1- A focus on Zionism but not on Palestinian ideologies is one-sided and therefore asymmetrical. It lacks the neutrality that marks scholarly research.

But how can one champion a neutral and symmetrical scholarly approach in situations where conditions on the ground are decidedly asymmetrical and become ever more so day by day? What is symmetrical about a confrontation between a powerful state and a stateless people?

More often than not, scholarly neutrality is but a subterfuge, a cover of neutralisation and depoliticisation (as Carl Schmitt would have it) that creates the desired “every story has at least two sides” effect, allowing injustice to proceed with impunity. This is a textbook case of such a stratagem. The plea for neutrality is itself a part of the metaphysical narrative to be deconstructed.

2- Scrutinising Israeli Zionism, instead of discussing the oppression prevalent in other states in the region, is unfair. Israel is singled out, while many of them are much worse.

Curiously, the proponents of this argument would not have a problem endorsing Israel’s exceptionalism: For instance, when it becomes the first country in the world to refuse the request to appear before the UN Human Rights review. At once a state among others states and a unique state above international law, it is ideally rendered immune to criticism.

Our task is to single it out precisely because it is a state that is quite exceptional, though not in the same sense as those making this claim have in mind. Israel’s exceptionalism hinges on the fact that it was a state created thanks to a massive displacement of Arab populations that inhabited the area under the British Mandate and an equally massive influx of immigrants from war-torn Europe and the Middle East.

First, the biggest threat to the wellbeing and security of Israeli Jews (and, often, by implication of Jews who live elsewhere in the world and are assumed to be the supporters of Israeli policies) is neither Iran nor Syria; it is the State of Israel itself.

A state that was constituted, presumably, to atone for one of the biggest tragedies of the 20th century and that, without delay, perpetrated countless crimes against its Palestinian neighbours.

A state that, to this day, re-founds and legitimises itself based on a mix of millennia-old theodicy and a frozen mould of 19th-century European-type nationalism, which has not survived in this form anywhere in Europe.

A state that proclaims itself to be the only democracy in the Middle East, while systematically treating its Arab members as third-class citizens and keeping the imprisonment of some of its Jewish citizens secret.

3- Critique of Zionism is rooted in contemporary anti-Semitism, practised by dissident Jews and non-Jews alike. To criticise Israel is to hate the Jewish people and to prepare the grounds for a new Shoah.

First, the biggest threat to the wellbeing and security of Israeli Jews (and, often, by implication of Jews who live elsewhere in the world and are assumed to be the supporters of Israeli policies) is neither Iran nor Syria; it is the State of Israel itself.

Aside from Israel’s belligerent behaviour on regional and international arenas, its occupation of Palestine not only makes the lives of people who live under this regime impossible, but is also unsustainable as it drains public resources for the purpose of providing “security” to fanatical settlers. It is imperative to deconstruct Zionism not out of hatred, but out of intense concern for the Jewish Israelis, who are set on a path of self-destruction in oppressing and decimating a neighbouring Palestinian population.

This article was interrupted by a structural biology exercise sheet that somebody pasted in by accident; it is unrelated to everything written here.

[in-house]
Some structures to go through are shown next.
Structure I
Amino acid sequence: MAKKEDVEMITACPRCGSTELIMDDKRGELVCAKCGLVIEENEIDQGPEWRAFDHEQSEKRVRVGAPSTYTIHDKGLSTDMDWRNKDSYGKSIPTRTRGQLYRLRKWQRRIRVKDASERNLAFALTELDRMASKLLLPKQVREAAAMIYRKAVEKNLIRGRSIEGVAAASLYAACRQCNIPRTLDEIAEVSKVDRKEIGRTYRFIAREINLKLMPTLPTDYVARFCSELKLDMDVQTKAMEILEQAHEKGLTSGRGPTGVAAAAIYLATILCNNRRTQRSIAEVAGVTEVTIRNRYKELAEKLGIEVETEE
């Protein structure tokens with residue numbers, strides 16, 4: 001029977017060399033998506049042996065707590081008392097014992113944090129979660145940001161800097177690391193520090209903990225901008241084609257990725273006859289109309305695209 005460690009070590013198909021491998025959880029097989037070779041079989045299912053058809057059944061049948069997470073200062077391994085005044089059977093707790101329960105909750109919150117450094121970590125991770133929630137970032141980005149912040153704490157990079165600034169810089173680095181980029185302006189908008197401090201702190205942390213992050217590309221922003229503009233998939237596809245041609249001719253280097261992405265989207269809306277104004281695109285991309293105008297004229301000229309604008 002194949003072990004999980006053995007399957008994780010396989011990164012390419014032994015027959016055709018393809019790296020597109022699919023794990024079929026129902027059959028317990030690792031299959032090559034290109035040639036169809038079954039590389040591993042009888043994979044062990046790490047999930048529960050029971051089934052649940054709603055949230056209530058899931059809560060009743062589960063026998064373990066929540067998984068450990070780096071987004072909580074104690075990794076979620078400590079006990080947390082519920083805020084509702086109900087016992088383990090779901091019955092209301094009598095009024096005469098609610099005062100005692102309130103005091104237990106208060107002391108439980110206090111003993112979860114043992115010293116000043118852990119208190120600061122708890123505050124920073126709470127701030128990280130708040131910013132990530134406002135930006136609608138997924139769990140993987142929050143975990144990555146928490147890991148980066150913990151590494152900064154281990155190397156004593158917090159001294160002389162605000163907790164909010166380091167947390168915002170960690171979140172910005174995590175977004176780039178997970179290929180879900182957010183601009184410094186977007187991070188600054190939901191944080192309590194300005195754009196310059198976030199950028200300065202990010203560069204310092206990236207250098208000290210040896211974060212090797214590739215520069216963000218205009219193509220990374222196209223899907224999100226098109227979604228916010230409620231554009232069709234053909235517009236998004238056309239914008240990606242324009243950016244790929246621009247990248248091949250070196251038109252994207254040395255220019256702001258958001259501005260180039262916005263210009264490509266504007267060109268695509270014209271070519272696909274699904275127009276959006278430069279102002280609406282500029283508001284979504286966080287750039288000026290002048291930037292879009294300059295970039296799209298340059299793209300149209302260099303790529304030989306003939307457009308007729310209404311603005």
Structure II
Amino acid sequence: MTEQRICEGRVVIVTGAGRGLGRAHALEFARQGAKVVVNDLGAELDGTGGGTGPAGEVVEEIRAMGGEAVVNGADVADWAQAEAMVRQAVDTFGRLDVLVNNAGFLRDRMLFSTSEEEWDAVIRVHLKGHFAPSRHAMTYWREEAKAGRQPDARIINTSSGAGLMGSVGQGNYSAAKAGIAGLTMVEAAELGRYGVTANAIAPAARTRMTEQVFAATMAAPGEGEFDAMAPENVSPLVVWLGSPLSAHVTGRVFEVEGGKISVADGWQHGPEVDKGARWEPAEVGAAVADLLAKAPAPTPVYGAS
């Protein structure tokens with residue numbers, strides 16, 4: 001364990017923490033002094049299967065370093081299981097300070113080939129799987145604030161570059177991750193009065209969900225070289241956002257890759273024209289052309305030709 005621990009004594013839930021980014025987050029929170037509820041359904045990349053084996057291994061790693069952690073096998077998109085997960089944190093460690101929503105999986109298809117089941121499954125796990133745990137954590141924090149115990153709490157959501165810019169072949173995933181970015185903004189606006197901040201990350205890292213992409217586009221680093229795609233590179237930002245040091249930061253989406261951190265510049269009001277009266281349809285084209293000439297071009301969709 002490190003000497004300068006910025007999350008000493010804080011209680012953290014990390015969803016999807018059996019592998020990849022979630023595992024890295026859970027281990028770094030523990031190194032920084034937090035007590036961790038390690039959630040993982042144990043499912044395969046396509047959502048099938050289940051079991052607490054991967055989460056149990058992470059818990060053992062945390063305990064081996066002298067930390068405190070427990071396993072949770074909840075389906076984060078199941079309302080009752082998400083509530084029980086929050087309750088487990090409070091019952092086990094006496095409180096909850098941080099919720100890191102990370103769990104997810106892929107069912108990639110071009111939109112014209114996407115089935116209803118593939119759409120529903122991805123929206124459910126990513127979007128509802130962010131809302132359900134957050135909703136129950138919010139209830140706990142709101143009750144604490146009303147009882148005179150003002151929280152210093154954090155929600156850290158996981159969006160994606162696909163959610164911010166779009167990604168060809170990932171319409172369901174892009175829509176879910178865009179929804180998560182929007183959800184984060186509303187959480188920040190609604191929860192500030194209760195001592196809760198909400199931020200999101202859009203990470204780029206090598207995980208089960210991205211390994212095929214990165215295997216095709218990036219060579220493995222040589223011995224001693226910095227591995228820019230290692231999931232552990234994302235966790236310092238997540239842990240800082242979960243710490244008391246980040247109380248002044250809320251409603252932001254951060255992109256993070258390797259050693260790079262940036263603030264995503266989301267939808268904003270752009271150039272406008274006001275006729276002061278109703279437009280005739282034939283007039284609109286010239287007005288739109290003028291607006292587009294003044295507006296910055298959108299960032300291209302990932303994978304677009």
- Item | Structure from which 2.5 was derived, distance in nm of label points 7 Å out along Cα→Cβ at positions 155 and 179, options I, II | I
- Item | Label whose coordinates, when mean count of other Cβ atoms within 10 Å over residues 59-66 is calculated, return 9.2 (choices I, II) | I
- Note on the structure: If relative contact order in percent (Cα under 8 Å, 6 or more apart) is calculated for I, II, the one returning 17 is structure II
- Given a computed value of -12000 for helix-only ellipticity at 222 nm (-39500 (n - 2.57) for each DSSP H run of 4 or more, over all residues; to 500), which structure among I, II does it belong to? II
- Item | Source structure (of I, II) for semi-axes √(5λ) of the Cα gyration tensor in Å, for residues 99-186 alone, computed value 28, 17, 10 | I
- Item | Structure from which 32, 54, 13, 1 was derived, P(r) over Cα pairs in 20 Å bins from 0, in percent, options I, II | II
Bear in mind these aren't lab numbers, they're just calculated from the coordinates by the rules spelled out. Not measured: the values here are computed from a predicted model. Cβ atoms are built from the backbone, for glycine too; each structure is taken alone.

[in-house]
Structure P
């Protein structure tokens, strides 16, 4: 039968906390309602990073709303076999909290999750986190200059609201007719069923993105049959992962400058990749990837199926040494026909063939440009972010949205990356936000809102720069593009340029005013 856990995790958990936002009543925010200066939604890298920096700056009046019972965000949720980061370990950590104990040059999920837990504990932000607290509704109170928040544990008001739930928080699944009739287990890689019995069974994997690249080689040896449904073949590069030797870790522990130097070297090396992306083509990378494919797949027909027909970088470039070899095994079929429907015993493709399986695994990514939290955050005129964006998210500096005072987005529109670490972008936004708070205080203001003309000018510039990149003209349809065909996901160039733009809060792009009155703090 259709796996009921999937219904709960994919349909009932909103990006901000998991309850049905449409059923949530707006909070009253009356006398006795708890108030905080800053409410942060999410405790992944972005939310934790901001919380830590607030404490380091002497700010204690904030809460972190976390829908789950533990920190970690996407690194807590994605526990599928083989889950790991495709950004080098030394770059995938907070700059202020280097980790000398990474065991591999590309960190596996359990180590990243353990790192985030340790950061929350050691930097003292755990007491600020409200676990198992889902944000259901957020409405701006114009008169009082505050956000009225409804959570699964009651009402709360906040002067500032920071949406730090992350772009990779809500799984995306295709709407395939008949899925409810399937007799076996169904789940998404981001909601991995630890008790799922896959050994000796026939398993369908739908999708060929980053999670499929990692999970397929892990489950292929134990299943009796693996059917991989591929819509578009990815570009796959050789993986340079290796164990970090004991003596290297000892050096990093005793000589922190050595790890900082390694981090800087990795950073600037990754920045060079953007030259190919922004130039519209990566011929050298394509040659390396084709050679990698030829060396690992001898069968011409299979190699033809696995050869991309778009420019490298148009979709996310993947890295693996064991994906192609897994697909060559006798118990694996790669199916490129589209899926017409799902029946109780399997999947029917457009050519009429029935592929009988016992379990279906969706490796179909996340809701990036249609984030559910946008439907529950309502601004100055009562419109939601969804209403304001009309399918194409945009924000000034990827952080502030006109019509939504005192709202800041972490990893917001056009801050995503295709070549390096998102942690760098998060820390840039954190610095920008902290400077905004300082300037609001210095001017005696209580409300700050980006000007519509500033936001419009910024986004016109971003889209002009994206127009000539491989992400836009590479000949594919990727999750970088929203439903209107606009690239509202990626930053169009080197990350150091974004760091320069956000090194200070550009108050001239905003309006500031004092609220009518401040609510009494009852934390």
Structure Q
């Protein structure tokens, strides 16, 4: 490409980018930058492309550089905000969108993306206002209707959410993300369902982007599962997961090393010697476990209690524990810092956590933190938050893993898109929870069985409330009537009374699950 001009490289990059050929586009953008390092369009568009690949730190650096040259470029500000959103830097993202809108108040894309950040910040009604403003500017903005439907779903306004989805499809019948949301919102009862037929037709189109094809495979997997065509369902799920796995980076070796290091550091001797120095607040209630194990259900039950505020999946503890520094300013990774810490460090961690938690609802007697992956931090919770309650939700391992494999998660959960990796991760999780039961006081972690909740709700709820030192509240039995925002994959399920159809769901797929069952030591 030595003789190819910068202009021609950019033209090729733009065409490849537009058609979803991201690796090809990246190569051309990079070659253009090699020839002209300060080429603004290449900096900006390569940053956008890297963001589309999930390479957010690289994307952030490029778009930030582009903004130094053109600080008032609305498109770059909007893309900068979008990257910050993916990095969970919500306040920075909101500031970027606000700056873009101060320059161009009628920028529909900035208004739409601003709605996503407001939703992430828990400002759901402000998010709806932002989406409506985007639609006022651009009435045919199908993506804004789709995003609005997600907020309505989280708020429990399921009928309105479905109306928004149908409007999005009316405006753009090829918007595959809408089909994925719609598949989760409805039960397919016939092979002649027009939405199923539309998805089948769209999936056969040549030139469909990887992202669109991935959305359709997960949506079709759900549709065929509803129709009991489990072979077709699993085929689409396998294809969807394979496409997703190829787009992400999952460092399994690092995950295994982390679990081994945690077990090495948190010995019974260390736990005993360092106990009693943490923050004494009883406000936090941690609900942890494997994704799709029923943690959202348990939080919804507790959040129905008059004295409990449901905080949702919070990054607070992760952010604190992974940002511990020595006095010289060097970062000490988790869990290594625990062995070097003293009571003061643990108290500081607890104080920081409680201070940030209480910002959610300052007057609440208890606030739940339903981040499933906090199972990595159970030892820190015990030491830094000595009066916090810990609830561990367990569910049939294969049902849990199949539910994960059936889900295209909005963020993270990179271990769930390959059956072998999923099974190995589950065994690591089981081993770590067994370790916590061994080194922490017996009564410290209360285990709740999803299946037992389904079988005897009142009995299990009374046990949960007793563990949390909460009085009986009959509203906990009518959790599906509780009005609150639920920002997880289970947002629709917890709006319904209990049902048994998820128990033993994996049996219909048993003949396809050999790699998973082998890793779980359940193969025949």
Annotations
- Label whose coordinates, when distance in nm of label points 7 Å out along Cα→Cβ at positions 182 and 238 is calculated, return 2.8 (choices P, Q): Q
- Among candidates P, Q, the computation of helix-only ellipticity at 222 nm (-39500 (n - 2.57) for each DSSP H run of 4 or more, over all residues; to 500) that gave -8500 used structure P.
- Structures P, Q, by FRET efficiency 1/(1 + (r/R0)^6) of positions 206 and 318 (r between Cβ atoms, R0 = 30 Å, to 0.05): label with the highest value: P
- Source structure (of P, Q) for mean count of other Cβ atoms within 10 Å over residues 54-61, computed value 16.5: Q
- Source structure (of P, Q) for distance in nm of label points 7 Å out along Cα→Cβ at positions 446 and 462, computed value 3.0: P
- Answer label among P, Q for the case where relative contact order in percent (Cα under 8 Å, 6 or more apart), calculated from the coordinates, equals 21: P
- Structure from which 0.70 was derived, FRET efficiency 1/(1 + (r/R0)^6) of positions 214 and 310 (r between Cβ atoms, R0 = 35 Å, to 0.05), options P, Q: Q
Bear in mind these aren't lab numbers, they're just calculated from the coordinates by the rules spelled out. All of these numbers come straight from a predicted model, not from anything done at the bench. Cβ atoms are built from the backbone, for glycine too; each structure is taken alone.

Second, the conflation of Zionism and Judaism is a gross mistake: Many Jews, in Israel and outside its boundaries, are non- or anti-Zionist, while many Zionists are not practising Jews. Even a conflation of Zionism and the current State of Israel is unjustifiable, as many in the history of the Zionist movement considered the possibility of creating a Jewish state elsewhere – for instance, in East Africa.

Third, deconstructing Zionism is not just a critique; it is an exercise in unravelling its philosophical suppositions. Zionism is a metaphysically inflected ideological and political worldview, not a religion, and most definitely, not an ethnicity.

To criticise it is no different from criticising, say, Portuguese imperialism in the period between the 15th century and the end of the Salazarist New State in 1974 (except that Portuguese imperialism is already a thing of the past, while Zionist occupation is still on-going). 

‘If not now, when?’

Finally, why now?

The question echoes that of a Jewish sage, Rabbi Hillel, who famously asked: “If I am not for myself, then who will be for me? And if I am only for myself, then what am I? And if not now, when?”

A question of ethical commitment, “Why now?” receives a response in the form of another question: “If not now, when?” Against the backdrop of the farcical “peace process”, deconstructing Zionism is a matter of urgency, because the past, present, and future victims of Zionist oppression demand justice. Ethically, we must be for them. Only then, can we hope to be anything at all.


Note: For more philosophical analyses of this issue see: Gianni Vattimo & Michael Marder (eds.), Deconstructing Zionism: A Critique of Political Metaphysics (Bloomsbury, 2013). The above text has been adapted from this collection.

Michael Marder is Ikerbasque Research Professor of Philosophy at the University of the Basque Country, Vitoria-Gasteiz. He is the author of The Event of the Thing: Derrida’s Post-Deconstructive Realism (2009), Groundless Existence: The Political Ontology of Carl Schmitt (2010).